The decision making process

How to make the right decisions still seems to be a bit elusive so let us explore together.

Jean-Paul Sartre summarizes the previous to post powerfully when he says “It is only in our decisions that we are important.”

To execute our personal authority, from an internal locus of control through and internal locus of causality, is being important as a human being. This process acknowledges the value each of us has. It accentuates the role we play in moving the universe forward in its journey.

But knowing this still does not make the decisions easier does it?

I cannot give you a 5 step decision making recipe. I can think with you and share my thoughts and experience.

The first thing that comes to mind is the fear of making mistakes. I would like to invite  you to think about mistakes in a new way. Mistakes are good. The only way you can really move forward with substance is by making mistakes. It is through making successful mistakes that we can adjust our course.

Good decisions come from experience, and experience comes from bad decisions.

So welcome the mistakes as a learning opportunity. And please loose the bizarre addiction to perfection. There is no such thing.

Like balance and time, perfection is a parasitical figment of human imagination. It also links into the limiting concept of right and wrong.

I believe there is no right or wrong, just good and bad. There is beauty and harmony and flow.

HarmoniousIn your decision making process it is of no value to waste energy on seeking the perfect or the right decision. It has more value to look for a harmonious decision. A harmonious decision is one that accommodates all or most factors affected in the decision in a good way.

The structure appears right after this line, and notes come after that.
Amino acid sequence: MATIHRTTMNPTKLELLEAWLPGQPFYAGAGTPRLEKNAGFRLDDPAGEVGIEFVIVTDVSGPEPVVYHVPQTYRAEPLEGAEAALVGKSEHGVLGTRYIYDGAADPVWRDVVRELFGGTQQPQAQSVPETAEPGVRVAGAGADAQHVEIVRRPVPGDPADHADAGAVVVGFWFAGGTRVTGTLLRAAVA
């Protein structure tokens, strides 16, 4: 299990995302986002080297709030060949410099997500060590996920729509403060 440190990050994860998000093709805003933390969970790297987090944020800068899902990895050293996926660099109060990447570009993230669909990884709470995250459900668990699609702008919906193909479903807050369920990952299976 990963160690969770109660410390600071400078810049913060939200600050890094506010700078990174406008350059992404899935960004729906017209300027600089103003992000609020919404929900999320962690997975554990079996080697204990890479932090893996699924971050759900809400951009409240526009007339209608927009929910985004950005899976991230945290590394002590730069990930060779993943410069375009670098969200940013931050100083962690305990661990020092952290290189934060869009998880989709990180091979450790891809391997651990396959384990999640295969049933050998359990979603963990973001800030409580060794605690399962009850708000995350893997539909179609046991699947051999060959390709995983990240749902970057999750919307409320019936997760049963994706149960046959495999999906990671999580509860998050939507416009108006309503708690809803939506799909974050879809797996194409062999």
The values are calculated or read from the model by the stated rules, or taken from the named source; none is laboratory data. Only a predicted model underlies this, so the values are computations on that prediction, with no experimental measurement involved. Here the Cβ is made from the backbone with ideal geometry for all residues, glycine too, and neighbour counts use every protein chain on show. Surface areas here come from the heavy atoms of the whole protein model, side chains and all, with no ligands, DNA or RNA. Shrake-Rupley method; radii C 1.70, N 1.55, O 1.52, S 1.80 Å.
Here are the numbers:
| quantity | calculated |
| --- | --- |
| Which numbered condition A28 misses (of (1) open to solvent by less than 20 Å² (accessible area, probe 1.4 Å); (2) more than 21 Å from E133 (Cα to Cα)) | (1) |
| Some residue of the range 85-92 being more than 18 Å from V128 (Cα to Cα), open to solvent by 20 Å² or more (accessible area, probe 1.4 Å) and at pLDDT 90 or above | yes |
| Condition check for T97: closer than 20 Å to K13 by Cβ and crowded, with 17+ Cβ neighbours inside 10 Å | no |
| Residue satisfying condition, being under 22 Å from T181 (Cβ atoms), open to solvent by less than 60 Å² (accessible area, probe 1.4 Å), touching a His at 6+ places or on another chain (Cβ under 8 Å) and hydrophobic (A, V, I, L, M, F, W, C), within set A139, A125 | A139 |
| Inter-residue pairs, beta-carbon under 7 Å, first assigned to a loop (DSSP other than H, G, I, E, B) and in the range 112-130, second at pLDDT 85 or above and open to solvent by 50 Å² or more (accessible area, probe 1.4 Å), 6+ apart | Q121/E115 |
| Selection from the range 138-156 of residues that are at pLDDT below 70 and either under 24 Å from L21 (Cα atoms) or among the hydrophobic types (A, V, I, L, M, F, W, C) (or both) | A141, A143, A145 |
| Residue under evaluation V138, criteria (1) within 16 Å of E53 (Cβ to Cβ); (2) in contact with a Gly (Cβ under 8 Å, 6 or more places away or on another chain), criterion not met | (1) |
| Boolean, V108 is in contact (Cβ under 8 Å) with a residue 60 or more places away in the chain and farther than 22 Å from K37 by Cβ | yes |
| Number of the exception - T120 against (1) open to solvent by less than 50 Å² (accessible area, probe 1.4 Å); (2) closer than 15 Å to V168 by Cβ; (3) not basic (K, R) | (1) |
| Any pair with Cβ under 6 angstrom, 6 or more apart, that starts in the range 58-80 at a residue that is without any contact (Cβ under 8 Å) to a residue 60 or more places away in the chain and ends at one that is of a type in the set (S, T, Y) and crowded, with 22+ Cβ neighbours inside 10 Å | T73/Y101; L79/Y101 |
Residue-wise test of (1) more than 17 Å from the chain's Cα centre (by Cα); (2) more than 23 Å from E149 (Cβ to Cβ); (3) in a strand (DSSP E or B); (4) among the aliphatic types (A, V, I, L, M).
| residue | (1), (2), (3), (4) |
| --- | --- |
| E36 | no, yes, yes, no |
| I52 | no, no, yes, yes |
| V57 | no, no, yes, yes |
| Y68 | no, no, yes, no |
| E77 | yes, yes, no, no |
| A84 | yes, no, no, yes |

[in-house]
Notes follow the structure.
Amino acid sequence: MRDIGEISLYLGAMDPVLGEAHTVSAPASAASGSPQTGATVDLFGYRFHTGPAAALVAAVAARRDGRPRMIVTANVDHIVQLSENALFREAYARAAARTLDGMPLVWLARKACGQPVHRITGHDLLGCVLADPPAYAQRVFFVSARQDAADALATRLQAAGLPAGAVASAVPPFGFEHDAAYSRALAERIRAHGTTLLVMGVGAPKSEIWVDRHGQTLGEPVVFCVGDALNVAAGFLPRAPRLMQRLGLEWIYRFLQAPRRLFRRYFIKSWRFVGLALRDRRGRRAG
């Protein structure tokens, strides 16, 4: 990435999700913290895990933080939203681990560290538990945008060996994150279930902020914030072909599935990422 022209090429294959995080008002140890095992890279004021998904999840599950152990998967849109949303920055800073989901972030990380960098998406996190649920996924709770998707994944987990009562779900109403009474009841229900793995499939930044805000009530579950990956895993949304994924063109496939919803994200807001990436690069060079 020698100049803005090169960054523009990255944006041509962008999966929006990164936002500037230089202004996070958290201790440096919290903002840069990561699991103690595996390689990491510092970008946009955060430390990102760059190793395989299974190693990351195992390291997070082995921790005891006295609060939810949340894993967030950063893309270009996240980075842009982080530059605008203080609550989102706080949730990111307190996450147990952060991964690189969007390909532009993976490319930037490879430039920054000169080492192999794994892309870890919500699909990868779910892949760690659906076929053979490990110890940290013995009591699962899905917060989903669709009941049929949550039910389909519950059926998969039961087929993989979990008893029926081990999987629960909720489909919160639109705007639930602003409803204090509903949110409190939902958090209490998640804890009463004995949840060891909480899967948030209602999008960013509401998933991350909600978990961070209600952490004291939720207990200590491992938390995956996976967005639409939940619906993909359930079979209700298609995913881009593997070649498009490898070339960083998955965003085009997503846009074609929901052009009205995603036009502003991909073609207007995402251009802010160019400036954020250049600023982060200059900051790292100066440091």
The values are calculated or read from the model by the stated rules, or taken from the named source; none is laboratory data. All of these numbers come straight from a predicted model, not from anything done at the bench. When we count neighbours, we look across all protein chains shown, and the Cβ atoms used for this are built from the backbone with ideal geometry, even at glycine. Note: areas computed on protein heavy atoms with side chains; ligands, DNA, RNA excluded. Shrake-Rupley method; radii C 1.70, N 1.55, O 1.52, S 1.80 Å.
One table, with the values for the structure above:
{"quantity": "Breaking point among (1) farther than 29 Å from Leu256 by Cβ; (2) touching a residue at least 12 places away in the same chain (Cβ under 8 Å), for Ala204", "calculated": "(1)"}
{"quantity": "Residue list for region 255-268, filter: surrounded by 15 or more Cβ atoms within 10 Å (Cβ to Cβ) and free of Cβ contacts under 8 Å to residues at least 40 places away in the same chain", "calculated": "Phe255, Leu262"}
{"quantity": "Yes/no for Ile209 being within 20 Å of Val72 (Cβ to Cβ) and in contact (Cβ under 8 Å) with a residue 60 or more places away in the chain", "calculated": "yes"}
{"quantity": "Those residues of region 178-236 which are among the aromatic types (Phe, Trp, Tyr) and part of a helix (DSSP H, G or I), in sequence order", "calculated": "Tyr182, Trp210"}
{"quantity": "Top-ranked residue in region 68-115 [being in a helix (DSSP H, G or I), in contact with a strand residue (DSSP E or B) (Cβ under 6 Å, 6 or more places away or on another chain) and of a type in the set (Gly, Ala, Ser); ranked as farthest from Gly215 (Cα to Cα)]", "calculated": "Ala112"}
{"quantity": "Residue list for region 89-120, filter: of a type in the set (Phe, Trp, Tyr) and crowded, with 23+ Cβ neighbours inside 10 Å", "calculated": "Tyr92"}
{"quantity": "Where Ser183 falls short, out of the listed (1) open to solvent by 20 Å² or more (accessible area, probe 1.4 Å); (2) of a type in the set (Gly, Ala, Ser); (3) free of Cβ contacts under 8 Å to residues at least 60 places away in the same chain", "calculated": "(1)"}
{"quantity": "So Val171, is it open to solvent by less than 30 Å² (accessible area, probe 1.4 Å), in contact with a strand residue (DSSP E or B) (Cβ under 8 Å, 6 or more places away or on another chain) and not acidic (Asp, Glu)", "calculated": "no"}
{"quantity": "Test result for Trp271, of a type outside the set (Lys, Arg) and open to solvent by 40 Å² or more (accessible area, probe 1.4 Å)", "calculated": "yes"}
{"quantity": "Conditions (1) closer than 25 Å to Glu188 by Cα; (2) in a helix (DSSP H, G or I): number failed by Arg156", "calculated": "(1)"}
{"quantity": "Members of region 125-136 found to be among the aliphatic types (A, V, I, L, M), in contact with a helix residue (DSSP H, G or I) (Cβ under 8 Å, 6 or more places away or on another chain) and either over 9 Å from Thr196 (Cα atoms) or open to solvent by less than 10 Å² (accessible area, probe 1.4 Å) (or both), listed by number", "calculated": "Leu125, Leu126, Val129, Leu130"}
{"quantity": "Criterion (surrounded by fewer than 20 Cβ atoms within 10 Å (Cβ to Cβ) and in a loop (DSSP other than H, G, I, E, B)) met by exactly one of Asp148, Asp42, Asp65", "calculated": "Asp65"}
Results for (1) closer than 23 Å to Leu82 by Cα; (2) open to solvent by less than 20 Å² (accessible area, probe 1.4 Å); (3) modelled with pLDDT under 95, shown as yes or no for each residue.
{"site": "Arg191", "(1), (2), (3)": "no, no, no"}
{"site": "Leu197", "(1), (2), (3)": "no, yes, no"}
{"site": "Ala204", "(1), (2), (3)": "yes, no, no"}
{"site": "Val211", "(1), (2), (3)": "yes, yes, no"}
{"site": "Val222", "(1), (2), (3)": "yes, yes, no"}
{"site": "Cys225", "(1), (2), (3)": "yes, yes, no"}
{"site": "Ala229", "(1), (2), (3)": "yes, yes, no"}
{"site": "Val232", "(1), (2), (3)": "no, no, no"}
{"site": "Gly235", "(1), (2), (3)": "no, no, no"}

Taking into account the facts you have available, listening to your gut, intuition or heart, playing with scenarios of possible outcomes and then choosing any one is the basics of any decision making process.

Don’t be afraid to make mistakes, do not seek perfection, rather engage in the process and create your life. Take responsibility for the outcomes, adjust your course if needed and just be important.

With harmony


The authority of decisive mistakes (Part 2)

We choose our joys and sorrows long before we experience them” in this quote Kahlil Gibran highlights the value of knowing how our decision making process works.  As we are still trying to answer the question: How do I know I am making the best decision?

We now know that we have personal authority. How we distribute this authority is an important part of our decision making process. This distribution is influenced by our locus of control and its twin sister locus of causality.

Locus of control is the place from which control is exercised. We constantly move between an internal and an external locus of control.

If we have an internal locus of control we choose how to react. With an external locus of control we allow someone or something else to dictate how to react. (Keeping or giving your personal authority).

Locus of causality is the place from which things are caused. Again this locus moves on an internal or external continuum. We can take initiative (internal) and make things happen or we can allow things to happen to us (external).

In my mind, the departure point of every decision making process starts with either an internal or external locus of control and causality.

Let me try and make it practical. In every decision we make, we either depart from an “I have the power to choose how I will influence the outcome of this decision” or “I will allow something or someone to dictate how the outcome will be determined”. And of course there are plenty of combination’s of these two continuum’s.


The challenge is, like Noam Chomsky rightly said, is not to fall for the constant pressure to make people feel that they are helpless, that the only role they can have is to ratify decisions and to consume, but to make your own decisions with insight.

“A wise man makes his own decisions; an ignorant man follows public opinion” – Chinese Proverb

By choice